Should She or Shouldn’t She? Why Ms. Rowling Won’t Shut Up — and Why That is a Good Thing

Ms. Rowling on TLC PotterCast, Tuesday, 18 December 2007

Read about it here. Ms. Anelli promises “new canon.”

Oh, well. I look forward to reading the transcript at Madame Pince’s, where I learned this news today.

Any guesses today about what we’ll learn tomorrow? More future relationships or will we learn about events and choices that took place outside Harry’s restricted view? As we’re reading Goblet of Fire, I keep thinking it would be nice to know what Ludo Bagman was up to…. but if it were included in the story, that line would probably require otherwise unnecessary action on Harry’s part to bring the information into his line of sight or would distract and dissipate the reader’s attention from more important story elements.

It’s been two years since what Linda McCabe has called “the interview from Hell” post Half-Blood Prince. Here’s hoping sans Master Spartz that Ms. Anelli asks a few thoughtful questions in with the softballs she is obliged to pitch as the representative of all Fandom.

In Defense of Albus Dumbledore: Regina Doman

Regina Doman, accomplished novelist, Harry Potter expositor among Roman Catholics, and friend of this blog, has written a ‘Defense for Albus Dumbledore’ for The Rambler, the online newspaper of Christendom College. Coming from the pen of a professional story teller and of a mother about to give birth to another member of the Harry Potter generation, it is a challenging apologia and unlike anything you’ll read in the Main Stream Media. I commend the whole piece to your attention and ask for your reflections after reading it. Here is a short clip to whet your appetite: [Read more…]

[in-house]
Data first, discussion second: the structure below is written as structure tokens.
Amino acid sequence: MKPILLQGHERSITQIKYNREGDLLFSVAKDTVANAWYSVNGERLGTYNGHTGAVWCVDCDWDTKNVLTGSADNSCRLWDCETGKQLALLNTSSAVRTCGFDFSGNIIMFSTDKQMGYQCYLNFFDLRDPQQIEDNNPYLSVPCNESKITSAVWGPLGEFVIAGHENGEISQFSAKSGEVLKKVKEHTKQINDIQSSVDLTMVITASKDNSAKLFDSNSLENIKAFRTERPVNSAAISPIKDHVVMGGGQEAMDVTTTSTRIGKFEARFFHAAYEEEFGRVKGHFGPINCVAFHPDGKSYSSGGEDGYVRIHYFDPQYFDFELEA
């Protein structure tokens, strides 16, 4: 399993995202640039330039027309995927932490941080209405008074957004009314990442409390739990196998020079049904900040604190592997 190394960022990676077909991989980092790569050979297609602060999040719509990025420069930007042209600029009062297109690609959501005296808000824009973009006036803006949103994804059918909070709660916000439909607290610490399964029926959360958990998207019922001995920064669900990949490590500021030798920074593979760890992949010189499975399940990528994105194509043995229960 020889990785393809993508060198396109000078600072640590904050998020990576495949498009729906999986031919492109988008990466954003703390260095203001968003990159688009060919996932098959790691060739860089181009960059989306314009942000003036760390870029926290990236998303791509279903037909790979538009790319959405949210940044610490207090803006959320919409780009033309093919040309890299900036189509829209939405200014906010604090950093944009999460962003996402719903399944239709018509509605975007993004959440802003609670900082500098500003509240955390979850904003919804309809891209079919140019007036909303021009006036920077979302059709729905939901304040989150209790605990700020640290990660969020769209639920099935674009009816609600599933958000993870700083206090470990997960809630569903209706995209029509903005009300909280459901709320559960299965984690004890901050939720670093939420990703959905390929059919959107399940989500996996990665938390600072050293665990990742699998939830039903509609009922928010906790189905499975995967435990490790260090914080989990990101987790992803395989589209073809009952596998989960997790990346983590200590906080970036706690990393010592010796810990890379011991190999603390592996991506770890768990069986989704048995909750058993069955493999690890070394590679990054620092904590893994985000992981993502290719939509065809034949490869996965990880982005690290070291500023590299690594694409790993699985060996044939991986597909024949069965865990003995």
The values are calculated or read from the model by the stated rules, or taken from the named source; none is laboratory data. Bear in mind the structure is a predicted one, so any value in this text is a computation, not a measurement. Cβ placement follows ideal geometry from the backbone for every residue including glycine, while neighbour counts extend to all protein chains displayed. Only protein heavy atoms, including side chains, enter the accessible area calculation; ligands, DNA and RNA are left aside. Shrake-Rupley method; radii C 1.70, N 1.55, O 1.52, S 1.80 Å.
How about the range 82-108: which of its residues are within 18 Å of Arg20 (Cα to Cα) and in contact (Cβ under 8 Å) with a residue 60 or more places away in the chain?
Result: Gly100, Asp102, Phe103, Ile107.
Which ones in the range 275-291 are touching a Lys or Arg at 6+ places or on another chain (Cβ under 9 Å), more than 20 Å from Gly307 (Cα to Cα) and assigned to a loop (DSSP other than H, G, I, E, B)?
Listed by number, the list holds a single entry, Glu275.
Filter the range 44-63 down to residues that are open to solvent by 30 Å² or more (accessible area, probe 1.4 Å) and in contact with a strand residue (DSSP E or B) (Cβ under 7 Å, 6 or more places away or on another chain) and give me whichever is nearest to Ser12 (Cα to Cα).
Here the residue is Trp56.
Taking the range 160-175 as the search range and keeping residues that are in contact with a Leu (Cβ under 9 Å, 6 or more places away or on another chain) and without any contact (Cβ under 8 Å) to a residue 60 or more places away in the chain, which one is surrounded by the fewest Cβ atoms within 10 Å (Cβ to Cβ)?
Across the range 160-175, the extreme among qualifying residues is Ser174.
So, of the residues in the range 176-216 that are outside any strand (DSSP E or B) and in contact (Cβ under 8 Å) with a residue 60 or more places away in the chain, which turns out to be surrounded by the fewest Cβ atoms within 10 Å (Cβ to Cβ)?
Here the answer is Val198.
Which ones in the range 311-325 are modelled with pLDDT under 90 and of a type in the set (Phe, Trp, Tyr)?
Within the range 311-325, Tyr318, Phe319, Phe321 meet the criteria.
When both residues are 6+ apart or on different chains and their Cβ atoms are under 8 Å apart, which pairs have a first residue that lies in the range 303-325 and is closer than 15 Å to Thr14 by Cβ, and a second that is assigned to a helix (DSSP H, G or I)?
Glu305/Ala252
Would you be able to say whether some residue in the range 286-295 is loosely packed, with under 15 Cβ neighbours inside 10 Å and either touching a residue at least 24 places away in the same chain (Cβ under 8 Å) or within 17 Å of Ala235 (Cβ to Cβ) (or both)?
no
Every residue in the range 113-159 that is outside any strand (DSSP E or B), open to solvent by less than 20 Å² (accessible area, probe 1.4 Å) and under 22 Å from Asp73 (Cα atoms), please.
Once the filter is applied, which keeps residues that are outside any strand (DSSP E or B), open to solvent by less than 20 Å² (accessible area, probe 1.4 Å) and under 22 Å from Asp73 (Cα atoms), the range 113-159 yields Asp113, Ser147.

Tales of Beedle the Bard: “Babbitty Rabbitty and her Cackling Stump”

One more for your edification! Please share your thoughts on this specific tale and how it works with the first three… I’m assuming the fifth tale is “The Three Brothers” about which we know a little more than the story (e.g., it’s connection to Chaucer). Do you see any connections with other Chaucer tales? Boccaccio? Grimm?

Tales of Beedle the Bard: The Warlock’s Hairy Heart

Number three is up at (Scroll down the page.) We’re looking positively Grimm — and my friends from Who Killed Albus Dumbledore are speculating we’re seeing a “a booklet on virtues as illustrated by quaint little wizarding vignettes standing in for the usually fairy tale approach” (Professor Mum).

What do you think?